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Old 15th Dec 2013, 23:04
  #1651 (permalink)  
Join Date: Apr 2007
Location: Go west young man
Posts: 1,732
Bureaucratic obfuscation of the FOI and the PAIN initiative??

Although Fort Fumble are not on their own in taking the Mickey Bliss when it comes to the FOI Act, they are perhaps close to the best at it and have a long and checkered history of doing so...why?? Put simply they have much to hide and protect from the prying eyes of 'Joe Citizen' and many members of the IOS.

The FOI Act has a relatively short history (1982) but much like the RRP it is very much convoluted, debated, reformed...err deformed and reformed.... So much so to actually outline a full history timeline would put most on here to first session drinks on day four of the Ash's test.

Therefore let's just go back half a decade to the year 2009 where there was a Rudd government initiative, message from (former) Cabinet Secretary Senator Faulkner....

"....A key Government election commitment was to restore trust and integrity in the use of Australian Government information, and to promote greater openness and transparency.

One of the ways the Government intends to deliver on this commitment is through major reforms to the Freedom of Information Act 1982.
Both in practice, and as a symbol, ‘freedom of information’ represents the pinnacle of citizens’ right to know: a legal requirement to give the Australian community access to information held by the Australian Government....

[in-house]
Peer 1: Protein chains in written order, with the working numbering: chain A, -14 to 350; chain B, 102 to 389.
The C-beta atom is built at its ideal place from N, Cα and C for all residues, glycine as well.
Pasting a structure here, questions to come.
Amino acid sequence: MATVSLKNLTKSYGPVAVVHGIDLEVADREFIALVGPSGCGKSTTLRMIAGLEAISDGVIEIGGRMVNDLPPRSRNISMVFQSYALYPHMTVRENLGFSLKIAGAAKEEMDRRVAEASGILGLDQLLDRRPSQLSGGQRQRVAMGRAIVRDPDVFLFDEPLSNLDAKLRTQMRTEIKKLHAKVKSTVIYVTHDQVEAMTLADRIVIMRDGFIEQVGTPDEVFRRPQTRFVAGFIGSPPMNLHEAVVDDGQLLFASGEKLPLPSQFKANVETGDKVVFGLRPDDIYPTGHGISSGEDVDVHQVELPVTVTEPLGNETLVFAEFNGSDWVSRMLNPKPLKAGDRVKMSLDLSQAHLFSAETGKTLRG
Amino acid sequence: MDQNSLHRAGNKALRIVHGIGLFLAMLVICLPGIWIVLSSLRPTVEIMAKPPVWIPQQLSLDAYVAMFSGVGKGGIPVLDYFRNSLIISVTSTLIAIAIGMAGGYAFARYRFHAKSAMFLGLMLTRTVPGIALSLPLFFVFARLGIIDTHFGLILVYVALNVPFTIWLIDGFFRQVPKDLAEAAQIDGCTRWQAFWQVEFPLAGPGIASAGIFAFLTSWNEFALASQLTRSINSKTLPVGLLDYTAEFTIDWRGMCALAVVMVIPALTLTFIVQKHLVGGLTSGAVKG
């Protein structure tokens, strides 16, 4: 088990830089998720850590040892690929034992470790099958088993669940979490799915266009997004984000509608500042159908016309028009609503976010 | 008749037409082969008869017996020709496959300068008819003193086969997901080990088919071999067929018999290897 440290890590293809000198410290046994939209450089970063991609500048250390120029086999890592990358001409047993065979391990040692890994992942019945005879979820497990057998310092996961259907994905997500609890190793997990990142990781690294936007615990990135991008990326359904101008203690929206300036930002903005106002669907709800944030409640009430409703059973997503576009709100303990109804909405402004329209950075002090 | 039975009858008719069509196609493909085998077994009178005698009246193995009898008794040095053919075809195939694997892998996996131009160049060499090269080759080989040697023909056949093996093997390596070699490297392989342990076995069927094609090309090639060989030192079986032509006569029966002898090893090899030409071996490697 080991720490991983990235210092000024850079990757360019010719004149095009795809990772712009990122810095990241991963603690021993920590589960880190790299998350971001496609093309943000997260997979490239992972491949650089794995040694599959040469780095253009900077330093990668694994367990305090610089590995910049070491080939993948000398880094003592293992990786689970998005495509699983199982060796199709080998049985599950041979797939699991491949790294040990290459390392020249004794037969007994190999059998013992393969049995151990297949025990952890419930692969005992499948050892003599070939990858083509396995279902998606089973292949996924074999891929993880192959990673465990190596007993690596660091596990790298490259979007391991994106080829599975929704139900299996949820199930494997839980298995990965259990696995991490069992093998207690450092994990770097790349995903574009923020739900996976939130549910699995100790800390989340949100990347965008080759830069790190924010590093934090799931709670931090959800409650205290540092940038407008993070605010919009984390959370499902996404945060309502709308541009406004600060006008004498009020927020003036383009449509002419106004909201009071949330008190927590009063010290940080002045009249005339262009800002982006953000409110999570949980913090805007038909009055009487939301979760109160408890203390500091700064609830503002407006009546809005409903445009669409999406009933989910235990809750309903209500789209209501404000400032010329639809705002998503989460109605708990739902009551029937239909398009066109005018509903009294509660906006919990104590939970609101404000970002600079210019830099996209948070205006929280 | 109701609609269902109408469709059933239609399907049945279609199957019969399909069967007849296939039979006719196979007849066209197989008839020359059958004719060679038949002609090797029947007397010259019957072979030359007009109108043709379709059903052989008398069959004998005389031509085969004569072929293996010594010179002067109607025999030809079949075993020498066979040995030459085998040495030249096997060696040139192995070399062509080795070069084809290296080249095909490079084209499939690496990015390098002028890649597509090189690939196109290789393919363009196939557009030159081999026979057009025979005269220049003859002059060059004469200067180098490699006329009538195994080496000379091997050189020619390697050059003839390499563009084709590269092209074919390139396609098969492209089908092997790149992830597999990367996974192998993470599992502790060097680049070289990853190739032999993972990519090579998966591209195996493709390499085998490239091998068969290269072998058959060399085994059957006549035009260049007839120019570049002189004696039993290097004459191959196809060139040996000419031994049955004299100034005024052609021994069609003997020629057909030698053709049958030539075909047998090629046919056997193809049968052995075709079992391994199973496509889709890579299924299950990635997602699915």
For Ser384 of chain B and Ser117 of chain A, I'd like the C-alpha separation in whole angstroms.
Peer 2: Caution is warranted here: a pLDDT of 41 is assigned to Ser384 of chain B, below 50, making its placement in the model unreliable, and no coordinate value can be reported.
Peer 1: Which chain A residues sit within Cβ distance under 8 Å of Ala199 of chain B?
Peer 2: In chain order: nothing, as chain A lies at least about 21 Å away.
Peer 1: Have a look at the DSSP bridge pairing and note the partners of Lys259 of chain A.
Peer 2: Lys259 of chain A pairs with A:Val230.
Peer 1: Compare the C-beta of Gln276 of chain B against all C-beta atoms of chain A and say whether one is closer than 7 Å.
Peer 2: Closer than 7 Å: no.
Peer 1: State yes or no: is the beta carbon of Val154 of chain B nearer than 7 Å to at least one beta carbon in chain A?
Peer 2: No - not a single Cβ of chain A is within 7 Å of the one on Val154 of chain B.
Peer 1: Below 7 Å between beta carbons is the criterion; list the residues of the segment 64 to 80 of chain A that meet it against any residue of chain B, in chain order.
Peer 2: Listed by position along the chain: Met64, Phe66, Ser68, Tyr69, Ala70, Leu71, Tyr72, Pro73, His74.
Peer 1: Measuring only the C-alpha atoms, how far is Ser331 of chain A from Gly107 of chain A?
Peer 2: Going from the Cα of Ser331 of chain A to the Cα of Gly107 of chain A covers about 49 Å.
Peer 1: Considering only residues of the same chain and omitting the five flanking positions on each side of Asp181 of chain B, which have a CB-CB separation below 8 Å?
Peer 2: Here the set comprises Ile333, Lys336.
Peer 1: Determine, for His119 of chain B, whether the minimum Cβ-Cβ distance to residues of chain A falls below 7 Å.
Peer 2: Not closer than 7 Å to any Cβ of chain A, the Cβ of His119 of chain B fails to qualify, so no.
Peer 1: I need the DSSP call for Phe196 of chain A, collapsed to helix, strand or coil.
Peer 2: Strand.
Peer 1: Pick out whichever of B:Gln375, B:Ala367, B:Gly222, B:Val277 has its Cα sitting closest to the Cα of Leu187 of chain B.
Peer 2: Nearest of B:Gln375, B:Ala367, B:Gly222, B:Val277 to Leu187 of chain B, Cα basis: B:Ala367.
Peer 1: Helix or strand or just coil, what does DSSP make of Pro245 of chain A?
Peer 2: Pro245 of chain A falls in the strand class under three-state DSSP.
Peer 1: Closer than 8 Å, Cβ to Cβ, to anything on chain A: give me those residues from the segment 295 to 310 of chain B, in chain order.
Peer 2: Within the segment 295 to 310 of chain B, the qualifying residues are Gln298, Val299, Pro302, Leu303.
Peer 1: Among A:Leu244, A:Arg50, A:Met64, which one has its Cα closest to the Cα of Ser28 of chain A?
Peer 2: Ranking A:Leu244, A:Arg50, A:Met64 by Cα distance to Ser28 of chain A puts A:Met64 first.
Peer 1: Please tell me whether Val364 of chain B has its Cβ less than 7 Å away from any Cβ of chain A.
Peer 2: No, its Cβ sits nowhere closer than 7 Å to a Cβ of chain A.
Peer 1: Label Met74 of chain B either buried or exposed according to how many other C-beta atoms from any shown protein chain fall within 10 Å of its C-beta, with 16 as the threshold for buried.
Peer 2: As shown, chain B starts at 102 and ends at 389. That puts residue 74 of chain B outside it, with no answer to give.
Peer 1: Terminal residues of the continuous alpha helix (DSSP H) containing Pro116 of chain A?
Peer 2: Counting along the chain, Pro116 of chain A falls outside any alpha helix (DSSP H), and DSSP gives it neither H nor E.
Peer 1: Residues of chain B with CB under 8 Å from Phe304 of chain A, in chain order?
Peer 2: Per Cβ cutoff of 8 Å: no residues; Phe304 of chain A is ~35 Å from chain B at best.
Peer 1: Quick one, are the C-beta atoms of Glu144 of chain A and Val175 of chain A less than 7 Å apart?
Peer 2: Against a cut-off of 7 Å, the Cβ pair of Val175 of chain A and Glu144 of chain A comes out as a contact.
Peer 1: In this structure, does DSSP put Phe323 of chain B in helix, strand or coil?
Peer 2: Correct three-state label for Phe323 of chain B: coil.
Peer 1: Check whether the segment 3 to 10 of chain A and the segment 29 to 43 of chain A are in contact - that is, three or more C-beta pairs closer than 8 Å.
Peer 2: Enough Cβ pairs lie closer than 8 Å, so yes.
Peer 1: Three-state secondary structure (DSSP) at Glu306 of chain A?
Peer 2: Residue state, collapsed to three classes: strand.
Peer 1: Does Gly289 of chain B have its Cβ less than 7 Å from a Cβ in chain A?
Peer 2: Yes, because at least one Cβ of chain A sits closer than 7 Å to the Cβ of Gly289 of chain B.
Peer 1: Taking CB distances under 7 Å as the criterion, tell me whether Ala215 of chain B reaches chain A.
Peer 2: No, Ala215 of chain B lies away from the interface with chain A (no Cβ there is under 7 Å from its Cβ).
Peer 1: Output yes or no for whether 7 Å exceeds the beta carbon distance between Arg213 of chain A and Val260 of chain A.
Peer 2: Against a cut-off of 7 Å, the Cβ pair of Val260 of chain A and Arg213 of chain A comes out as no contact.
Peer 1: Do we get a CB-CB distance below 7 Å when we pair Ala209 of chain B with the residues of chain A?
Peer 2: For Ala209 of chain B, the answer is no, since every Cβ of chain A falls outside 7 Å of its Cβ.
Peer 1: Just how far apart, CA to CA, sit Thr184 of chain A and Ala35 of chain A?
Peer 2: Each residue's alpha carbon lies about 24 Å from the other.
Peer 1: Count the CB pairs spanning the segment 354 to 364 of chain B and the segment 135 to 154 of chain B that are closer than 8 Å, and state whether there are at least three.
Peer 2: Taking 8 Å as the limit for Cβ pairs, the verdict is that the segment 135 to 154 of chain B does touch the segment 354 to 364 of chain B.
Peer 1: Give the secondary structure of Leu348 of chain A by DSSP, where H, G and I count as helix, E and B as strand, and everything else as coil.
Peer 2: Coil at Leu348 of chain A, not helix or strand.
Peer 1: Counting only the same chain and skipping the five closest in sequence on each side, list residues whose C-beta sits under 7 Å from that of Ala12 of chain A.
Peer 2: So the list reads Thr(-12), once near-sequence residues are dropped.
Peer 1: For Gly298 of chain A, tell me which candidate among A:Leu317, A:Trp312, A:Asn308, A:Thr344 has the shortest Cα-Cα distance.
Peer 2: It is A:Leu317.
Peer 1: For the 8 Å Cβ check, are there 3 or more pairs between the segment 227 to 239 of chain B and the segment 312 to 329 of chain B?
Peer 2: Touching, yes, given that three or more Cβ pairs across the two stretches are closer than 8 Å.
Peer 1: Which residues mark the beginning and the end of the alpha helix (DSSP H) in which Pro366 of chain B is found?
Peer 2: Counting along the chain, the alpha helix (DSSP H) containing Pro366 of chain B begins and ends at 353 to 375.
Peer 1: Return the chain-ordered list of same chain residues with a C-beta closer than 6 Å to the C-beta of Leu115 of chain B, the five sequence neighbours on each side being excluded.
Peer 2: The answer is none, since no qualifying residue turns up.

....To fulfil the rest of our election commitments the Government will later this year introduce further bills into the Parliament containing broader reforms. These bills will deliver the first substantial overhaul of the Freedom of Information Act since the Act’s inception in 1982.

Information held by the Government is a national resource and should be managed in the public interest. Access to government information increases public participation, and leads to increased scrutiny, discussion, comment and review of government activity.

Given the importance of the FOI Act in making this possible, it is essential that these proposed reforms are discussed and evaluated as widely as possible.

To this end, I am pleased to release exposure drafts of the Information Commissioner Bill 2009 and the Freedom of Information Amendment (Reform) Bill 2009 for public comment...."

{Note: There were 45 FOI reform exposure draft submissions, some of which are well worth a read...}

This initiative led (amongst other things) to the introduction of the Office of the Australian Information Commissioner (OAIC), however the jury is still out on whether we are left with a better functioning and principled FOI Act as per Senator Faulkner's message??

Trolling the submissions I came across one in particular (ps Thanks to the IOS member who pointed me in the right direction....) which is significant in light of the PAIN request: Whistleblowers Australia (my bold)...
"... The first problem was that the bureaucrats were given extra ordinary discretionary powers which enabled them to deny or frustrate public access to information. Exemptions were claimed because they were available, and not because they were "necessary for the protection of essential public interests".

In fact, most exemptions claimed were simply for the protection of bureaucrats, and in some cases, their political masters. Or in other words, the exemptions were persistently claimed to avoid transparency and evade accountability.
But simply claiming exemptions for those matters would highlight those accountability issues and attract attention to them. In so doing, it would actually cause questions to be focused on those particular exemptions. So the trick used by bureaucrats was to claim every exemption possible, thereby burying the specific accountability issues in a forest of other exemptions.

The second and more important problem was that there was nothing to stop bureaucrats from following this course of action. It was not an offence to wilfully and deliberately obstruct access to information which should have been provided under the act...."